While growing up in Jos, Nigeria, one of my important mentors, Mary Beth Oyebade, started the Mashiah Foundation with her husband to support HIV+ women and widows. Their dedication to meeting the clear needs they saw showed me how relevant and important holistically addressing HIV/AIDS is in Nigeria. I just knew I was going to become a doctor.
During my college years, though taking pre-med classes, I sort of fell into dual degrees in math and humanities. So much for that dream. Models and sociology had shifted my focus more broadly to systems and populations rather than individuals. While deciding where to go next with that, I returned to teach at my old school in Jos, and had the opportunity to volunteer with Halt AIDS, a local NGO. It was my first exposure to true, community-based public health work.
Seeing the challenges my colleagues there faced in advocacy and youth mobilization showed me I lacked the skills needed to be much more than just “boots on the ground”. So, I spent two years at Emory University studying epidemiology and geographic influences on health. While studying, I worked with Susan Allen at the Rwanda Zambia HIV AIDS Research Group who looks at prevention of HIV among discordant couples—where one partner has HIV and the other doesn’t. Dr. Allen shared her extensive passion for the field and her expertise with me—the AIDS epidemic is a huge problem stretching across different sectors, requiring lots of people with lots of resources looking at it from lots of perspectives.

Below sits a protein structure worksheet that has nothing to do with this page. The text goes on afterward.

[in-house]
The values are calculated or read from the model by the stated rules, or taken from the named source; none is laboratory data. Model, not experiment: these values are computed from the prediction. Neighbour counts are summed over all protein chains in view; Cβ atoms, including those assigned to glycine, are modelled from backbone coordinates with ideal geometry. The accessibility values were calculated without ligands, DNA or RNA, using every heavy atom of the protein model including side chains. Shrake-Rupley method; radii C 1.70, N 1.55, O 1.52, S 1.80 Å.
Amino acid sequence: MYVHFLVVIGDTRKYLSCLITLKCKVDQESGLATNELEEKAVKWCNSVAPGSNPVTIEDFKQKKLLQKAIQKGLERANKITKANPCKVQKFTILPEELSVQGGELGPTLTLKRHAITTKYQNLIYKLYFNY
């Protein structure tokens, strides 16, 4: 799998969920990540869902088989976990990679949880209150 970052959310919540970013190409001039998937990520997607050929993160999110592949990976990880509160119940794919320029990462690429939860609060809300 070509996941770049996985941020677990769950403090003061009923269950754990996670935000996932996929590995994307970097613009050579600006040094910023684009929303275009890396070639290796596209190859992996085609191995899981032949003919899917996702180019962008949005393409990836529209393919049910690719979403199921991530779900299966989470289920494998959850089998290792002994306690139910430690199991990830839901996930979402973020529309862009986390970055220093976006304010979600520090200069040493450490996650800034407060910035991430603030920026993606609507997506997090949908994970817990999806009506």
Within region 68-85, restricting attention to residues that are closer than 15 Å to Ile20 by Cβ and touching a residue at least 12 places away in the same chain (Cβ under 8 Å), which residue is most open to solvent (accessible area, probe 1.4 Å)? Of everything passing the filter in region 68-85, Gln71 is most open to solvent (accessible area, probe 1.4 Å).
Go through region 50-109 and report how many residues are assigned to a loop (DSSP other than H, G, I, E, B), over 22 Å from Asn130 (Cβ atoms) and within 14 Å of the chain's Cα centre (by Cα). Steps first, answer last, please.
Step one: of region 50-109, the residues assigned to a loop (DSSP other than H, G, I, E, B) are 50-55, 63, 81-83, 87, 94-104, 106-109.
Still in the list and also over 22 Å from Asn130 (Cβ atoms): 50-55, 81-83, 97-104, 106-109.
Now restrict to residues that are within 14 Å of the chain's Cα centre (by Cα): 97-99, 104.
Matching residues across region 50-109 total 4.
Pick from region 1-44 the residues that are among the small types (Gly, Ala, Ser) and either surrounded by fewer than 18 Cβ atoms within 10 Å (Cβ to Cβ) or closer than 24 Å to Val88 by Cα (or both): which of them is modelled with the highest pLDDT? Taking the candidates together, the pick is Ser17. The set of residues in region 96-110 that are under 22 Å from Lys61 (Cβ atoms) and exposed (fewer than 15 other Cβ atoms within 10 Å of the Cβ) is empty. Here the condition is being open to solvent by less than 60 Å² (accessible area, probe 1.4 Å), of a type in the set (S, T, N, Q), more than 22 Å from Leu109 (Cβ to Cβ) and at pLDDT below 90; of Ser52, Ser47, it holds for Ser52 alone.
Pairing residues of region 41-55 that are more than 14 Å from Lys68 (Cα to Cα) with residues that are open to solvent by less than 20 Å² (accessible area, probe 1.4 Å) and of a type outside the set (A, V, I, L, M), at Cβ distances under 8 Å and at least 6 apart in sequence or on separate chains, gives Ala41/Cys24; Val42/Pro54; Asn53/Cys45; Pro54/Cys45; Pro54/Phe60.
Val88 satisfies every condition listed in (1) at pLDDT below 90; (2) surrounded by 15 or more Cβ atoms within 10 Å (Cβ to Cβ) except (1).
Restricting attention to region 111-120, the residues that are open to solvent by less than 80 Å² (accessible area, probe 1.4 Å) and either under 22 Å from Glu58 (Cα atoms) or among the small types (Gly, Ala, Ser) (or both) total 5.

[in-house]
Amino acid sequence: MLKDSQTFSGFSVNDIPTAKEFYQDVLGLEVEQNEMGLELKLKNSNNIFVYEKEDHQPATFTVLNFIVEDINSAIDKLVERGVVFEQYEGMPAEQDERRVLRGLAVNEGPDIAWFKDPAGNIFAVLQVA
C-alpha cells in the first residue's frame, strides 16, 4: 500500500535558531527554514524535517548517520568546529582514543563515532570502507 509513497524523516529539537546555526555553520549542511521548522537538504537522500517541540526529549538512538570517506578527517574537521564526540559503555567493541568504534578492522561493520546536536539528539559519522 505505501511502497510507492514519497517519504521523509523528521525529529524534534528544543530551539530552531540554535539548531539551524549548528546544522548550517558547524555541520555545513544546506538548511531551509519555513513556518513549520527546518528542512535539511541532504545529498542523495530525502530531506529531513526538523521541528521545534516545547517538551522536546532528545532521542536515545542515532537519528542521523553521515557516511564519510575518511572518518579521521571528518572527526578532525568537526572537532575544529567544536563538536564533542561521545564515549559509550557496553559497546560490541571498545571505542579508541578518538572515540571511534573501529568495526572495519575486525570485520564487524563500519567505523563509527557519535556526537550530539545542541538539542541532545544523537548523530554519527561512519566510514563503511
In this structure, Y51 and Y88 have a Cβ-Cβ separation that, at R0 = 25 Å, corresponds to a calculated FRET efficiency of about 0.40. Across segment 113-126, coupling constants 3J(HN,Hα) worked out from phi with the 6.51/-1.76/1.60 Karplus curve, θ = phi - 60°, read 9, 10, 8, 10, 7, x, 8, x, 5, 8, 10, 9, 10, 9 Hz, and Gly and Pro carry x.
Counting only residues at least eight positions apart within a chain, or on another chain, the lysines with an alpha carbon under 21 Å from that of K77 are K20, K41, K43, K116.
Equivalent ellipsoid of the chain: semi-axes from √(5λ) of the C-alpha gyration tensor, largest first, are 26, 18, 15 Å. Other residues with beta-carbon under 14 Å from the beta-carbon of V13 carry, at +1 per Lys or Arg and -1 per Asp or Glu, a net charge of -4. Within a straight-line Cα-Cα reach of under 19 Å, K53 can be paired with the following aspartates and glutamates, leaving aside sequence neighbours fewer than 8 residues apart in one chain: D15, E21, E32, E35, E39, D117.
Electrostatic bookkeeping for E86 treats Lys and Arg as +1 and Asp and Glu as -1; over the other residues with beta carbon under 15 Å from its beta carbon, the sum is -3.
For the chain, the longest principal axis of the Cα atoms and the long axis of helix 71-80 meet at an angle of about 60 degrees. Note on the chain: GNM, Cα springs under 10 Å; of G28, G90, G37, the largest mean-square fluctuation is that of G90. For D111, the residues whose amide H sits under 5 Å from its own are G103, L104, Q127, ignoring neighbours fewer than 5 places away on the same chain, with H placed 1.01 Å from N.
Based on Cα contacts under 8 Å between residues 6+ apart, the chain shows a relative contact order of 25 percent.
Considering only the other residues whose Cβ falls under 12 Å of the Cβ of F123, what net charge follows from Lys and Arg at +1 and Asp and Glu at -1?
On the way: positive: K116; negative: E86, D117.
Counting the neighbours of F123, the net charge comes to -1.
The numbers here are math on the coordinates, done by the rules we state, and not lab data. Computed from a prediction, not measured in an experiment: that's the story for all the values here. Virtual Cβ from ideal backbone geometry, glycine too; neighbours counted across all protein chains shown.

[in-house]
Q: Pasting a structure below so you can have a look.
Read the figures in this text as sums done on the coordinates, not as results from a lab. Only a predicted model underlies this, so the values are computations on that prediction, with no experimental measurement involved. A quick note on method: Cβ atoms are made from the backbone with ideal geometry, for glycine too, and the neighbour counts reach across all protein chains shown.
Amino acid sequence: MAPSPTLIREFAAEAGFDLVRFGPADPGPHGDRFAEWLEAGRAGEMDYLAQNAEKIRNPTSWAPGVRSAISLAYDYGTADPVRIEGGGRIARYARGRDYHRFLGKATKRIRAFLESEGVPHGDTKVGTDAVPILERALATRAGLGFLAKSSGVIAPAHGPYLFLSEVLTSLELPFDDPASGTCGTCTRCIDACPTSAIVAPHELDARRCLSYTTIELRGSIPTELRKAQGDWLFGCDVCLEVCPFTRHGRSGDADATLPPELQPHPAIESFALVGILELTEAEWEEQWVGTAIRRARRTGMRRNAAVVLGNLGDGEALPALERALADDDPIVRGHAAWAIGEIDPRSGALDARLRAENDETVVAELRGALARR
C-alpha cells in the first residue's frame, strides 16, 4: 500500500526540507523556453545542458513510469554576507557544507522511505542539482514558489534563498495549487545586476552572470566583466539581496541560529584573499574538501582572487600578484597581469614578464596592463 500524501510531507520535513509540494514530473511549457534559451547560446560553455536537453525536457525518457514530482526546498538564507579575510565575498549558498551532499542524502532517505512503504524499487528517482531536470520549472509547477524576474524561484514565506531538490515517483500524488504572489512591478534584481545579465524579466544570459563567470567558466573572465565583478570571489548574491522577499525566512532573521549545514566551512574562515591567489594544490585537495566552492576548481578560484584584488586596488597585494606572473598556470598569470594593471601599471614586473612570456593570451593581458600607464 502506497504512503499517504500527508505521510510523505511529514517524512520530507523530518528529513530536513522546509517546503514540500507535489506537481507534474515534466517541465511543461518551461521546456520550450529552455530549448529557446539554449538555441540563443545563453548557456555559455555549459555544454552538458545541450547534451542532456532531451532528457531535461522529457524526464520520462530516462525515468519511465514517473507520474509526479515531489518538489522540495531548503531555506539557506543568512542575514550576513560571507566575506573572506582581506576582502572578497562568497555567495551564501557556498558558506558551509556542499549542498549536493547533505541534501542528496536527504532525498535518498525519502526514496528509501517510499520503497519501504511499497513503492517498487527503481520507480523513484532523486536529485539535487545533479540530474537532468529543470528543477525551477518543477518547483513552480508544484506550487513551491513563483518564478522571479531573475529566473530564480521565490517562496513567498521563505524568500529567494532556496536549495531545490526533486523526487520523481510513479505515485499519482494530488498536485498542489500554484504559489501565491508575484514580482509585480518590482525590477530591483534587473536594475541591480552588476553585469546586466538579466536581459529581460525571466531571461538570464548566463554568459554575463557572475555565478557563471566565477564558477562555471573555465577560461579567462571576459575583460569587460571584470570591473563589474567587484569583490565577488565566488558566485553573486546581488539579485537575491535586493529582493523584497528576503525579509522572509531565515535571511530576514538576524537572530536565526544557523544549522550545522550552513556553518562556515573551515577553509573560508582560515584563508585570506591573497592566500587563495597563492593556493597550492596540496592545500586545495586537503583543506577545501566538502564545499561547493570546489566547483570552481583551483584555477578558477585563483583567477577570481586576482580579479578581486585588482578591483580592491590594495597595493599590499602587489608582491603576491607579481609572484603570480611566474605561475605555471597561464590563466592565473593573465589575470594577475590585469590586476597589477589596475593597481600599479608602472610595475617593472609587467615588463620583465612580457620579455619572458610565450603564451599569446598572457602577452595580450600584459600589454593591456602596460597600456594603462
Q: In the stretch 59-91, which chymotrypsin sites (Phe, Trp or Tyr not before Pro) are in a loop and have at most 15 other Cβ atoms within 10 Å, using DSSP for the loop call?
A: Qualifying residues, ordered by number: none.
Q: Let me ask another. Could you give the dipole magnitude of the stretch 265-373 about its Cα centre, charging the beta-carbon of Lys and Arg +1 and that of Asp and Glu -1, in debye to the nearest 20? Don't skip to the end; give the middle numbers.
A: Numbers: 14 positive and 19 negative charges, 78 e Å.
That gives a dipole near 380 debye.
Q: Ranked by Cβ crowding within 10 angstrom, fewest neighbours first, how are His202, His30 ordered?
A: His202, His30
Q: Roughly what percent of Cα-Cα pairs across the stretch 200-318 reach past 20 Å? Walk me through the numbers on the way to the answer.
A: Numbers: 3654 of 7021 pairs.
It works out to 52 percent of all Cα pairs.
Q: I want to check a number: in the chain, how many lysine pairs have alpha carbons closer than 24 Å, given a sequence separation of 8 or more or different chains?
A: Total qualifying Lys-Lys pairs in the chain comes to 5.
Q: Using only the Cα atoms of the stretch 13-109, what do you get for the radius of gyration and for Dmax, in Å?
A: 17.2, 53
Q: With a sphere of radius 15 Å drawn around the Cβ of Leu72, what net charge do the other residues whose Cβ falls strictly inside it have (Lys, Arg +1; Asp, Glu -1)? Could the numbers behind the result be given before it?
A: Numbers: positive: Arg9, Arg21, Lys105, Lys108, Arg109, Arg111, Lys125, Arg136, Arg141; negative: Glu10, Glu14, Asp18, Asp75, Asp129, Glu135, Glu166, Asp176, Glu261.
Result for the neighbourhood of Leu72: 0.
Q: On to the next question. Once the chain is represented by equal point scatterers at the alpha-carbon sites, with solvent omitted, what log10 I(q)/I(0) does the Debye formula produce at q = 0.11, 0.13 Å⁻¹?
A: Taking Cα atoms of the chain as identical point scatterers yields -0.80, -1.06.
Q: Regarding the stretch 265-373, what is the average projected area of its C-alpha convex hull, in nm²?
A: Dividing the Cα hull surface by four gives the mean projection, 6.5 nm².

After a year’s training fellowship with the CDC’s geographic analysis group, I moved to JSI, where I use GIS for public health applications—from monitoring and evaluation to creating maps for decision makers. As fate would have it, much of my current work here focuses on HIV prevention work, continuing to involve me in the field which drew my eye to health and service in the first place.